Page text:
As the Chair of the EJUSA Board of Directors, I know all about the difference EJUSA makes in the movement to end the death penalty and transform the justice system. I see it every day.
That is why it brings me great pleasure to share with you EJUSA’s 2015 impact report. Click here to read the report.
This report highlights some of our biggest successes of the past year, including helping to repeal the death penalty in Nebraska, engaging conservatives and Evangelicals in the fight to end the death penalty, and expanding our programming to help crime survivors rebuild their lives.
This holiday season, I want to thank you for making this work possible. Your donations and encouragement have made 2015 a banner year for this organization, and I am so grateful for your commitment to justice.
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To help ring in the holidays, EJUSA’s Associate Board gathered friends and colleagues to celebrate with EJUSA staff, board members, and local supporters. More than 50 people came to “Libations and Justice for All” at the offices of Thoughtworks in midtown Manhattan to learn more about EJUSA’s vision and how they can help achieve it. EJUSA Executive Director Shari Silberstein gave a presentation that included an overview of EJUSA’s impact in 2015 and a preview of our exciting 2016 agenda.
The Associate Board is an all-volunteer group of young local professionals whose purpose is to advance EJUSA’s mission by increasing our visibility in New York City and recruiting new supporters for our work.
Today is Giving Tuesday, a time when people come together to give to the causes that change people’s lives.
Giving Tuesday is an opportunity to step away from the hustle and bustle of shopping days and holidays and make a difference.
Will you tell the world why you love EJUSA?
You can help us share our mission, gain visibility, and make an even bigger impact by reviewing us on GreatNonprofits – a site like Yelp! or TripAdvisor. EJUSA has been honored as a “Top-Rated” nonprofit for two years in a row.
Can you help us make it for a third year by posting a review of your experience with us? All reviews will be visible to potential donors, followers, and activists. It’s easy and only takes 3 minutes!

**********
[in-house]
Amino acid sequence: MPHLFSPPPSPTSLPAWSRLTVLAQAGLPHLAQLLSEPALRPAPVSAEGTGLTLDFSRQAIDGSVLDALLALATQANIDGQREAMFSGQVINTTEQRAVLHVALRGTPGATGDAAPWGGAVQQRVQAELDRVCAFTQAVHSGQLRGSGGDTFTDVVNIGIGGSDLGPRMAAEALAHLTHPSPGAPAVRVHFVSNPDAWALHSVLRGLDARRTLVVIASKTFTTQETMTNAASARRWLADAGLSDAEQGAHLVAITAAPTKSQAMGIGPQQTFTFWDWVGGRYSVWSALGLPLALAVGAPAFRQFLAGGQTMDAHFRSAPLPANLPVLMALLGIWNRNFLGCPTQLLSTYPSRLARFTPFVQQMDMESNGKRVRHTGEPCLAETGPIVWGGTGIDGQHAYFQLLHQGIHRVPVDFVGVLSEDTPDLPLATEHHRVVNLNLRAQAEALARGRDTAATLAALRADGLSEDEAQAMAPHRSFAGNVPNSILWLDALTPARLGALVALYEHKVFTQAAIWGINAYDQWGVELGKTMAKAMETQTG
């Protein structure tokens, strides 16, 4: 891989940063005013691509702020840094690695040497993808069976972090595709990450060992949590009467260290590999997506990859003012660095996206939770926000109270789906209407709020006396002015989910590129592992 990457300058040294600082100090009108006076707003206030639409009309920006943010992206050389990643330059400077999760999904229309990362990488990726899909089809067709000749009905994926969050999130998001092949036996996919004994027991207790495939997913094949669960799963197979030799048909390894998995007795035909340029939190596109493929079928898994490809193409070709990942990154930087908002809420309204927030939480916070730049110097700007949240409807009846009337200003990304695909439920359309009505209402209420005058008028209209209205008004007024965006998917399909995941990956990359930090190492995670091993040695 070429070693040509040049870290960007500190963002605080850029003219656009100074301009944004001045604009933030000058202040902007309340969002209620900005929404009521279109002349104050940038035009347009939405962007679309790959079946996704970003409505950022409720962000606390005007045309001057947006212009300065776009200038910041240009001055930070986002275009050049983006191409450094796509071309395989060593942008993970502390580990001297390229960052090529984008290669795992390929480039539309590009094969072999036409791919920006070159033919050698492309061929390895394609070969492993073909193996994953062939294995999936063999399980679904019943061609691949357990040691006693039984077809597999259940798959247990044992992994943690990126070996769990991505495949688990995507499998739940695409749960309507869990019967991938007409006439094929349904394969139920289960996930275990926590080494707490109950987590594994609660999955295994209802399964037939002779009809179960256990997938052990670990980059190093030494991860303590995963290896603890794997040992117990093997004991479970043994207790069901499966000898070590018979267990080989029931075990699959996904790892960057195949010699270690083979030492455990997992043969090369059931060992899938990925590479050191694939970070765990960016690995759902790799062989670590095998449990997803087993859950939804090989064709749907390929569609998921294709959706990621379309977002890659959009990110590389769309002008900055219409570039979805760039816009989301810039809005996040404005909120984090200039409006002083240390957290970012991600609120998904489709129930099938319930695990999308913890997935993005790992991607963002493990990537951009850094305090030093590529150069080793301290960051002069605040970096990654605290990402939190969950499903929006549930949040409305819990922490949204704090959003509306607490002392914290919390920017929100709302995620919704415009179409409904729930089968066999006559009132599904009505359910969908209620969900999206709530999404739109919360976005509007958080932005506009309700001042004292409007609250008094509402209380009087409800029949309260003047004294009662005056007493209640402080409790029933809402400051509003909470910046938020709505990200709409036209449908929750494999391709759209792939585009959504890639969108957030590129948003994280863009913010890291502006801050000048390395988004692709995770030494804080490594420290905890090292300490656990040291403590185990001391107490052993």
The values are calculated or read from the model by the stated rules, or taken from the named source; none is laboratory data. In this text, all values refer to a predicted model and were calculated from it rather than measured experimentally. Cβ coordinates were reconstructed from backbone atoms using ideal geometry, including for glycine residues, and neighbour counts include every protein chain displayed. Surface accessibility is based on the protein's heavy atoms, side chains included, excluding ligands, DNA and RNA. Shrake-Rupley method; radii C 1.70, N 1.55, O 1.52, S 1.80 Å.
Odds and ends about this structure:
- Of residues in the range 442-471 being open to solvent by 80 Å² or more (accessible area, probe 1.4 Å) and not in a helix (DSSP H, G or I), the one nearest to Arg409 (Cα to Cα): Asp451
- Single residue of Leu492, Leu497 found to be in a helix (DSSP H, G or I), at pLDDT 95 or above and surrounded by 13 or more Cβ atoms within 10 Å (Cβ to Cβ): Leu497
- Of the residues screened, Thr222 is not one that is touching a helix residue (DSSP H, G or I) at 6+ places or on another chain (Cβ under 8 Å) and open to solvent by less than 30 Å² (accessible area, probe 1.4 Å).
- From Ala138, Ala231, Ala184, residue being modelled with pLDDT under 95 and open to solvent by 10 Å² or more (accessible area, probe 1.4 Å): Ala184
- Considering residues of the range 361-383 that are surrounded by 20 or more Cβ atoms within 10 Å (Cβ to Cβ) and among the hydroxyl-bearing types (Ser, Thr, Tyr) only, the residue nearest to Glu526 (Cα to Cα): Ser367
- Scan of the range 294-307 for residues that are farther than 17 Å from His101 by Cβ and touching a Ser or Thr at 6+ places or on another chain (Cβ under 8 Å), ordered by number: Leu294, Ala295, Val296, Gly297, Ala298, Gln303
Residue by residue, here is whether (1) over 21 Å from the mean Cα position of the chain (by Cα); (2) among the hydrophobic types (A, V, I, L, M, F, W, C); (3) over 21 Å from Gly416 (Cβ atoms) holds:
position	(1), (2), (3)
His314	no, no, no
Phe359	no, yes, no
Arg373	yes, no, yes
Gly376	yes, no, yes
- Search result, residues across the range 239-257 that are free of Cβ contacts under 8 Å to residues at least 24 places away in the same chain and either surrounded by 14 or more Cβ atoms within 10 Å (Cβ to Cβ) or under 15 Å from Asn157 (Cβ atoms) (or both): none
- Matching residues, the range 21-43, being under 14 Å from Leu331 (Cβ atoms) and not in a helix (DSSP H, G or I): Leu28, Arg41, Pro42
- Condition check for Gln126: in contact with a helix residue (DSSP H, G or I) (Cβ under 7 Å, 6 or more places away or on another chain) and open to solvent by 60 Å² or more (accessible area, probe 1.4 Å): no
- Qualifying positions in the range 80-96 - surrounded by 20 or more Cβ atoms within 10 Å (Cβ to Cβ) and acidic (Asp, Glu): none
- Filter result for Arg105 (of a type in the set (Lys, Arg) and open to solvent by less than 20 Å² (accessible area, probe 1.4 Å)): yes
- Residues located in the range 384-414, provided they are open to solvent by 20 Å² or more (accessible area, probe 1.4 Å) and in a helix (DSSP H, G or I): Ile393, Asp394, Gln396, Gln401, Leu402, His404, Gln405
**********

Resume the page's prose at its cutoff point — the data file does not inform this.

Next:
Last month, we introduced you to the expansion of our work to build a better justice system, including two new staff. I had the opportunity to sit down with one of them, Fatimah Loren Muhammad, and learn about her first few weeks, what a “trauma-informed” justice system means, and her vision for this first year.
Sarah Craft: I know you’re still getting your feet wet, but what do you see as the goals of the Trauma Advocacy program in the first year?
Fatimah Loren Muhammad: First of all, I want to start by saying how absolutely excited I am to join the EJUSA team. These past few weeks have been wonderful connecting with the staff and board members and the greater EJUSA community, many of whom have sent emails of encouragement as I begin my work here.
EJUSA Executive Director Shari Silberstein and EJUSA’s longtime friend and partner, Jonathan Gradess, are featured in the Winter 2014 issue of the Government, Law and Policy Journal from the New York State Bar Association. Jonathan is the former Board Chair of New Yorkers for Alternatives to the Death Penalty and now sits on EJUSA’s Board of Directors.
Shari and Jonathan’s article, “Pumping Oxygen into the Room,” shares the story of how New York became the first state in the modern era to abandon the death penalty and what New York’s abolition meant for the movement to end the death penalty in the United States.
New York’s elimination of the death penalty sparked a new vision for abolition entirely: more than the absence of the death penalty, it was also the presence of a new paradigm driven by those solutions that were previously stymied by the death penalty’s disproportionate pull of money, attention, time, and polarization, such as adequate victims’ services and effective crime prevention. This idea became a rallying cry for not only NYADP, but also for its national partner, Equal Justice USA (EJUSA), and abolition groups in other states.